John Colapinto is a staff writer at The New Yorker. His latest book is This Is the Voice.
Although you probably haven’t given it much thought, you are absorbing more news, culture, politics and entertainment through the medium of the human voice (in isolation from any visual broadcast image) than ever before. The reason for this unprecedented boom in vocal culture is the smartphone or tablet that most of us carry wherever we go, along with the handy headphones that envelop us in those devices’ cocoon of intimate, up-close digitized sound. But despite the high-fidelity stereo on offer, you have been treating your iPhone and Android not like a superelaborate version of the old Sony Walkman, or the still-earlier transistor radio (with its one, lonesome, hearing-aid-like earbud). We used those portable sound machines mostly for music delivery. To be sure, you sometimes use your iPhone to fire up a few tunes from your Spotify playlist, but the numbers show that what you – and everyone else – tune into, in numbers not seen before in the history of broadcasting, are marathons of talk, in the form of three-hour podcasts and 12-hour audiobooks.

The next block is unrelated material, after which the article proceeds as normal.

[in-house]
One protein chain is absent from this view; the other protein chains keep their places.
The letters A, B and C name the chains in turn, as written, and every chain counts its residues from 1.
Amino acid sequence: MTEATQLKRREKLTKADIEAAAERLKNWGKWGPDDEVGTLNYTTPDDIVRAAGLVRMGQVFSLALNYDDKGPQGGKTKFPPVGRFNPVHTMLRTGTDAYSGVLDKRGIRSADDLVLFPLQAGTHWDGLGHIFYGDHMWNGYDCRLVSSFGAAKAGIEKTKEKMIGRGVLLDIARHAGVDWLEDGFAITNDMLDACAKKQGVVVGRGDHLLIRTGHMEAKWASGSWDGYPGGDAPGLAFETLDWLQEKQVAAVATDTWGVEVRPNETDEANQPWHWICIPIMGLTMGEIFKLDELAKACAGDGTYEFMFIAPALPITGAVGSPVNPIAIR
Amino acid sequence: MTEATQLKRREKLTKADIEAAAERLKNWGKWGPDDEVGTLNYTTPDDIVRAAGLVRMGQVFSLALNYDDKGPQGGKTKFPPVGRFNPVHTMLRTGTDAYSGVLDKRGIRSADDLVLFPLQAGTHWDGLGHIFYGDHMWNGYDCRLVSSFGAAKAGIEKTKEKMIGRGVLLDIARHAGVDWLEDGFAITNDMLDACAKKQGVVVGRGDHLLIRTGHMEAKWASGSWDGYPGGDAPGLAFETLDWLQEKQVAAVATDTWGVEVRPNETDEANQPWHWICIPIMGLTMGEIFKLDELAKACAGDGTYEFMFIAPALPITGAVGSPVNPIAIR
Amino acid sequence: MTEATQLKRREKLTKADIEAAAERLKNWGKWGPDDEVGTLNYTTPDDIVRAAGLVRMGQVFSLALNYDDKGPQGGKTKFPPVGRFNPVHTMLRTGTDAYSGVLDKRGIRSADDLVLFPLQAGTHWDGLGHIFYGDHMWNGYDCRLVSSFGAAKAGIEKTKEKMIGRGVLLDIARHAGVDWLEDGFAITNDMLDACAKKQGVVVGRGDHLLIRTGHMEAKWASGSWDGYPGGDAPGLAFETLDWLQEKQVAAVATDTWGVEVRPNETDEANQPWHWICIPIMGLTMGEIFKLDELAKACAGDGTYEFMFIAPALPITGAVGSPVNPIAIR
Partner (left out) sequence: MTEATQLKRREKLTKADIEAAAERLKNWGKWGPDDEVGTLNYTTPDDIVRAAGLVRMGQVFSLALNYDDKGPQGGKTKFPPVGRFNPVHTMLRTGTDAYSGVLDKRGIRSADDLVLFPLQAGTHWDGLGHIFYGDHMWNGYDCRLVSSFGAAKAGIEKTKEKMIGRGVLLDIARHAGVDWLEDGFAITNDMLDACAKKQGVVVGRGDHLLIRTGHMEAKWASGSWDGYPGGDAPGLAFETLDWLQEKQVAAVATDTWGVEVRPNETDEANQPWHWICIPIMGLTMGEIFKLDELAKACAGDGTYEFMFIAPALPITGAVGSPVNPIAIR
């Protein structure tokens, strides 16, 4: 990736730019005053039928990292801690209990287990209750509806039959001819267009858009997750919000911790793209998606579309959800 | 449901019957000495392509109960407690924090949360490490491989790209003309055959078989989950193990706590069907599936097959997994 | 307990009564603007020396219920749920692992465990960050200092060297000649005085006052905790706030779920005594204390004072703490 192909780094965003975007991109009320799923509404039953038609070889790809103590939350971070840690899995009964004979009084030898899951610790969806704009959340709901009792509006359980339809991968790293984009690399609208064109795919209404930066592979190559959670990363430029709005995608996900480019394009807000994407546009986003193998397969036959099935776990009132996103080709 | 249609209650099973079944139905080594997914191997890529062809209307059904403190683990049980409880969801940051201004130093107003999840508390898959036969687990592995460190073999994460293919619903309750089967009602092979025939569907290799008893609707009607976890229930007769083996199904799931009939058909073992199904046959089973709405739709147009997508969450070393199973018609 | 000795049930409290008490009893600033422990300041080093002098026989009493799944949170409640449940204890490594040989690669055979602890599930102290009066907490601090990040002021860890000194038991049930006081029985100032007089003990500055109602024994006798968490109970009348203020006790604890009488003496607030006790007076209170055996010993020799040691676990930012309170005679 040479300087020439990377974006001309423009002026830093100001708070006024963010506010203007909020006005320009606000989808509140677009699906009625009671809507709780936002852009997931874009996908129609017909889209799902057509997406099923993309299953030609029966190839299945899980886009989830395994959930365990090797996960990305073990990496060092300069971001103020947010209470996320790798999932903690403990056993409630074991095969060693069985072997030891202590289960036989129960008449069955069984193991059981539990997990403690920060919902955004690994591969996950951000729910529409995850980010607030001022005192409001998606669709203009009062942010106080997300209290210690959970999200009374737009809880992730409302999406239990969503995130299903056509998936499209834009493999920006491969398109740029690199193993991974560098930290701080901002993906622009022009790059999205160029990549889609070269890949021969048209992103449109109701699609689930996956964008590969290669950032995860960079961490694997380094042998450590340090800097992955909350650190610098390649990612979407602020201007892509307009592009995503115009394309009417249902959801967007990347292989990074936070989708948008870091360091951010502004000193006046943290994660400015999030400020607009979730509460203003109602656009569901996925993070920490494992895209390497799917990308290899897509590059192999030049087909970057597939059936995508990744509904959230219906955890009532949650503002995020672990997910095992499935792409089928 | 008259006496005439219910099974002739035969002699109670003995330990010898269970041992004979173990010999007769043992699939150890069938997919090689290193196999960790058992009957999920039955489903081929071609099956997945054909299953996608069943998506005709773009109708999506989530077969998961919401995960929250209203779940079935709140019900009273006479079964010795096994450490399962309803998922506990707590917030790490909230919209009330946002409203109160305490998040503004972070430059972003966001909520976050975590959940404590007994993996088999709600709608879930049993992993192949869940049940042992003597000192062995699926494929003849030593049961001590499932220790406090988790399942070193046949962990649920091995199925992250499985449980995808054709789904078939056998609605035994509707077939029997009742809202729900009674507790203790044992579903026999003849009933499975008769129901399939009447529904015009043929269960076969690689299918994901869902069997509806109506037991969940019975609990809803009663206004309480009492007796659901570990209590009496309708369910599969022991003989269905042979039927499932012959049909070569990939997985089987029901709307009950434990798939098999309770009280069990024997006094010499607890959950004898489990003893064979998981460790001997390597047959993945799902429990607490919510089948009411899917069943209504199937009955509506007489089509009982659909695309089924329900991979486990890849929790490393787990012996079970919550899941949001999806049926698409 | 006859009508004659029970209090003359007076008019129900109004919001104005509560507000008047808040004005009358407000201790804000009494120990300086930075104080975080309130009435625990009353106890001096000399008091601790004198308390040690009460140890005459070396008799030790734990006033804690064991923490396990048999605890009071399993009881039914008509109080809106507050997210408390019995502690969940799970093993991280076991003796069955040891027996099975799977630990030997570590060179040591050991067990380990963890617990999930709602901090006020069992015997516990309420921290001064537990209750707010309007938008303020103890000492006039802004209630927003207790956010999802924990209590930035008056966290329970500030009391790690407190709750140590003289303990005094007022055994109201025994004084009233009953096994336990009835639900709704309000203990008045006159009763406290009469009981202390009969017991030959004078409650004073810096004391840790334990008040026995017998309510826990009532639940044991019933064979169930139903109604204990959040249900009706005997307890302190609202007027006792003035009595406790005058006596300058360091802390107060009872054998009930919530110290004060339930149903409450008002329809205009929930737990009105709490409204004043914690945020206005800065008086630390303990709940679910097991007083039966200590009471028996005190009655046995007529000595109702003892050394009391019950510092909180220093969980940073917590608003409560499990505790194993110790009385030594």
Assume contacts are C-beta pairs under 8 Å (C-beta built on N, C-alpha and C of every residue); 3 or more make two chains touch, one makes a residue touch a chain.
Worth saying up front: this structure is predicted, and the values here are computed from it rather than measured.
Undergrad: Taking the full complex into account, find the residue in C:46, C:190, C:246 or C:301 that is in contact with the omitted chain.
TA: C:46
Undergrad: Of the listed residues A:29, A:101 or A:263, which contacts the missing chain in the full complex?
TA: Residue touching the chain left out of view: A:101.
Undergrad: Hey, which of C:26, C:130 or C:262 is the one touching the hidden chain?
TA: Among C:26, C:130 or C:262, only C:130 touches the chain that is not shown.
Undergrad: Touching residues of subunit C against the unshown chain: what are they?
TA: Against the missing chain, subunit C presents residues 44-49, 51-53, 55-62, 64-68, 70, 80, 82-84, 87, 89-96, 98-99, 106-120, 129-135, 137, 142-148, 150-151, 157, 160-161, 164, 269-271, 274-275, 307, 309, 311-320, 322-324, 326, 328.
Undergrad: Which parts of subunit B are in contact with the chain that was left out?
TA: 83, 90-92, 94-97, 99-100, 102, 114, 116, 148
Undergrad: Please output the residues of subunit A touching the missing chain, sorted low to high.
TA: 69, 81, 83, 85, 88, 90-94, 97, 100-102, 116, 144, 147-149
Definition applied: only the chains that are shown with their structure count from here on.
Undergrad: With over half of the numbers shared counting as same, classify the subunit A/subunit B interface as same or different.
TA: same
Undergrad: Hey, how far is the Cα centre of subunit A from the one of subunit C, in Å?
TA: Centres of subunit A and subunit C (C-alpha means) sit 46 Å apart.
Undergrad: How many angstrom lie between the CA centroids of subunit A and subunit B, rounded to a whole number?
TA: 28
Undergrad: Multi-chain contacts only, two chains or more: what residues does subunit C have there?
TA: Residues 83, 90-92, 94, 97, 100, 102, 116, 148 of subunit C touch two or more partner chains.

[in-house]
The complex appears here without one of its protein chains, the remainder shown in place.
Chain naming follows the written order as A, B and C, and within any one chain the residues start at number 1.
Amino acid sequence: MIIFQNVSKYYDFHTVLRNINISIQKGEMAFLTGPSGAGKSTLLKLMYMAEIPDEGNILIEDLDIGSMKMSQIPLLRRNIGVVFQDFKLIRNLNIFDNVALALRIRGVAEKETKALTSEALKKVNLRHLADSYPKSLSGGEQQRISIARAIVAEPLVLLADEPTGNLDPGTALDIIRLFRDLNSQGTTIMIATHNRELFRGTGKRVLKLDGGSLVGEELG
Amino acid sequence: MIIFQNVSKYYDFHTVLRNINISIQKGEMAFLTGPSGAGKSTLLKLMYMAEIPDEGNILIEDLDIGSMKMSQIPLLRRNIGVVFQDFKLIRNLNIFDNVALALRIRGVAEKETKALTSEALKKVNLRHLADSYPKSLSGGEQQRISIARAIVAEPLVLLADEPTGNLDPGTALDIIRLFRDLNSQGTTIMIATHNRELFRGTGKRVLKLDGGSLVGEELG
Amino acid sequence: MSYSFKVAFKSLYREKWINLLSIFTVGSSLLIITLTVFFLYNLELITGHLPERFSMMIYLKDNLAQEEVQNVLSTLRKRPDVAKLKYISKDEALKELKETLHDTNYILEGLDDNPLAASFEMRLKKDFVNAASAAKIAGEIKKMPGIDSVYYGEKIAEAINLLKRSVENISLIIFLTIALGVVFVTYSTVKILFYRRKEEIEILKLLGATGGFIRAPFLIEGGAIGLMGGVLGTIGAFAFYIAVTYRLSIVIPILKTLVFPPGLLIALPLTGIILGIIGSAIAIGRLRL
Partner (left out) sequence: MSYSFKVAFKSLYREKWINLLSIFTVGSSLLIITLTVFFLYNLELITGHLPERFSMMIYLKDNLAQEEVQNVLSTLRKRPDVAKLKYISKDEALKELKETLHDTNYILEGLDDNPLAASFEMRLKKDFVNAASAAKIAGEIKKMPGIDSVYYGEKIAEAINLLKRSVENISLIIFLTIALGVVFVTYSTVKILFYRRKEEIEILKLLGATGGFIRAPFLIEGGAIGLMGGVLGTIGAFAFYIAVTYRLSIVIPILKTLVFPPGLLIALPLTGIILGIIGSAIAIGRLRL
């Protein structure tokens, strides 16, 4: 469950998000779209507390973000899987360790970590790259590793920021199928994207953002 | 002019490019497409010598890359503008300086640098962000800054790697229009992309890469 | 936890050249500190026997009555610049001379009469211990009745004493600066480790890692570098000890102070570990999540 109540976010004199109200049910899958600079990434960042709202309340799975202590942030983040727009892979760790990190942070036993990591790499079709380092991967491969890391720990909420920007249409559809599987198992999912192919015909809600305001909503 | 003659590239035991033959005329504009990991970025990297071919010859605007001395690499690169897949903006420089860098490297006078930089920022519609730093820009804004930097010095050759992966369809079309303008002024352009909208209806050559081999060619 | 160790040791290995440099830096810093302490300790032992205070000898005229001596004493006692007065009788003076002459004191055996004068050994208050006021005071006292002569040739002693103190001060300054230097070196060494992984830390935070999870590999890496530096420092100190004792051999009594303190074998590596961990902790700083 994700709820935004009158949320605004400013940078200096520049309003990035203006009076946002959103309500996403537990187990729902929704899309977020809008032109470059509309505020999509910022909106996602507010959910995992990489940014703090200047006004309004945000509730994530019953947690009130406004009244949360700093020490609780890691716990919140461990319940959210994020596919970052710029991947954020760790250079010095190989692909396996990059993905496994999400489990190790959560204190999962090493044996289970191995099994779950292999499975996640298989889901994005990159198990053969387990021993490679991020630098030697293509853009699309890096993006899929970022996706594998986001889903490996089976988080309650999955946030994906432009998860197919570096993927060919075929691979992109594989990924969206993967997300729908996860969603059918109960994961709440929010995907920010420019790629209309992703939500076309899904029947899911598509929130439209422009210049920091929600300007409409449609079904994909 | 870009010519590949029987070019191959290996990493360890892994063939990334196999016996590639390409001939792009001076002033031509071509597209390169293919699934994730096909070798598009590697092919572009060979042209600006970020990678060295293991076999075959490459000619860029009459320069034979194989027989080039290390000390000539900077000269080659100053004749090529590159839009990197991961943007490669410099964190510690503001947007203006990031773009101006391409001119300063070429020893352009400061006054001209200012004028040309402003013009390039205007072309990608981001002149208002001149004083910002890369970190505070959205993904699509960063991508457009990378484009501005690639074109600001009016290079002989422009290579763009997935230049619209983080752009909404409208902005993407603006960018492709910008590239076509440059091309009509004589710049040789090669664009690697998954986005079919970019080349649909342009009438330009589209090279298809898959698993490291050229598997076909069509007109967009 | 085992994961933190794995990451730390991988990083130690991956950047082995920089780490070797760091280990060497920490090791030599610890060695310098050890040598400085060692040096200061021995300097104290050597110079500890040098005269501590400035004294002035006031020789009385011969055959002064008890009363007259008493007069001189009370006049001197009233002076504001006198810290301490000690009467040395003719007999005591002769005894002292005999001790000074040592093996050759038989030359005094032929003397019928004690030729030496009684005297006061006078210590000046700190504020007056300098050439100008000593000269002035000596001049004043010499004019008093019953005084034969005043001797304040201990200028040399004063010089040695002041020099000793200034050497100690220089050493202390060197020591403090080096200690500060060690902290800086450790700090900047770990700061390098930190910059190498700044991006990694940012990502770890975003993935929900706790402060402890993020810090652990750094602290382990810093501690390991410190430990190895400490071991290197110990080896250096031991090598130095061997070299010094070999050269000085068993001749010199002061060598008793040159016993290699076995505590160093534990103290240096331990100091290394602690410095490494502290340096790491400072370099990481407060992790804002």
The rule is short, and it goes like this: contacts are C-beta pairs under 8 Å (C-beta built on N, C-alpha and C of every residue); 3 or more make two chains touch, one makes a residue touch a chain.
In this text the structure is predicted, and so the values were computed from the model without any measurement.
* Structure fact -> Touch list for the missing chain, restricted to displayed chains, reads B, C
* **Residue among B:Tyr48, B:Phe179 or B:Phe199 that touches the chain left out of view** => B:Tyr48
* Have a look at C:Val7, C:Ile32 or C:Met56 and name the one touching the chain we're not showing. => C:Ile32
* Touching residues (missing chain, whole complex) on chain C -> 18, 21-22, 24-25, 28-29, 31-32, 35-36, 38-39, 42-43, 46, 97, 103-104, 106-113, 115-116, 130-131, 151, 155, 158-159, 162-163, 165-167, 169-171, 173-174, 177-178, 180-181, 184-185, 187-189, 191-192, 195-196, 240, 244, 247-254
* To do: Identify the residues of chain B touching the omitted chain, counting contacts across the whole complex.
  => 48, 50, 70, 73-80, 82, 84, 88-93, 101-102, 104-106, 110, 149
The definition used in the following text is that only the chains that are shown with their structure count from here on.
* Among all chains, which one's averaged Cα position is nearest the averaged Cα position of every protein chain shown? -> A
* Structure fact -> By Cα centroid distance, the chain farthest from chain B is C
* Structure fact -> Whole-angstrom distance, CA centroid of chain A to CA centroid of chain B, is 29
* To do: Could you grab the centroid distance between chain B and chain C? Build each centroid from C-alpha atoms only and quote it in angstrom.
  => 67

The stats say it all. Pioneered in the early aughts, podcasts became a genuine viral phenomenon with the rise in popularity of the smartphone coupled with the 2014 premiere of Serial, a true crime murder-mystery podcast by the makers of This American Life. The popularity of Serial (by 2017, episodes from the first two seasons had been downloaded 250 million times) spurred the gold rush. Today, there are more than 1,750,000 individual podcasts worldwide, and 43 million episodes. More than half of all people over the age of 12 in the United States are podcast devotees, and they drive an industry that surged, in ad revenue, to almost US$1-billion last year.
Meanwhile, the audiobook has also exploded in popularity. Although it was around, in one form or another, for most of the 20th century, the recorded book was a decidedly fringe phenomenon, delivered via stacks of dusty, clattery cassette tapes or scratched vinyl. Digital downloads and streaming changed all that. Audiobooks are now a US$1.3-billion industry in the U.S., with average sales increasing 13.3 per cent a year, every year since 2016. Sales jumped 17.3 per cent last year, netting publishers some US$553.6-million. The novel (and memoir and biography) is not dead. At least, in its spoken version.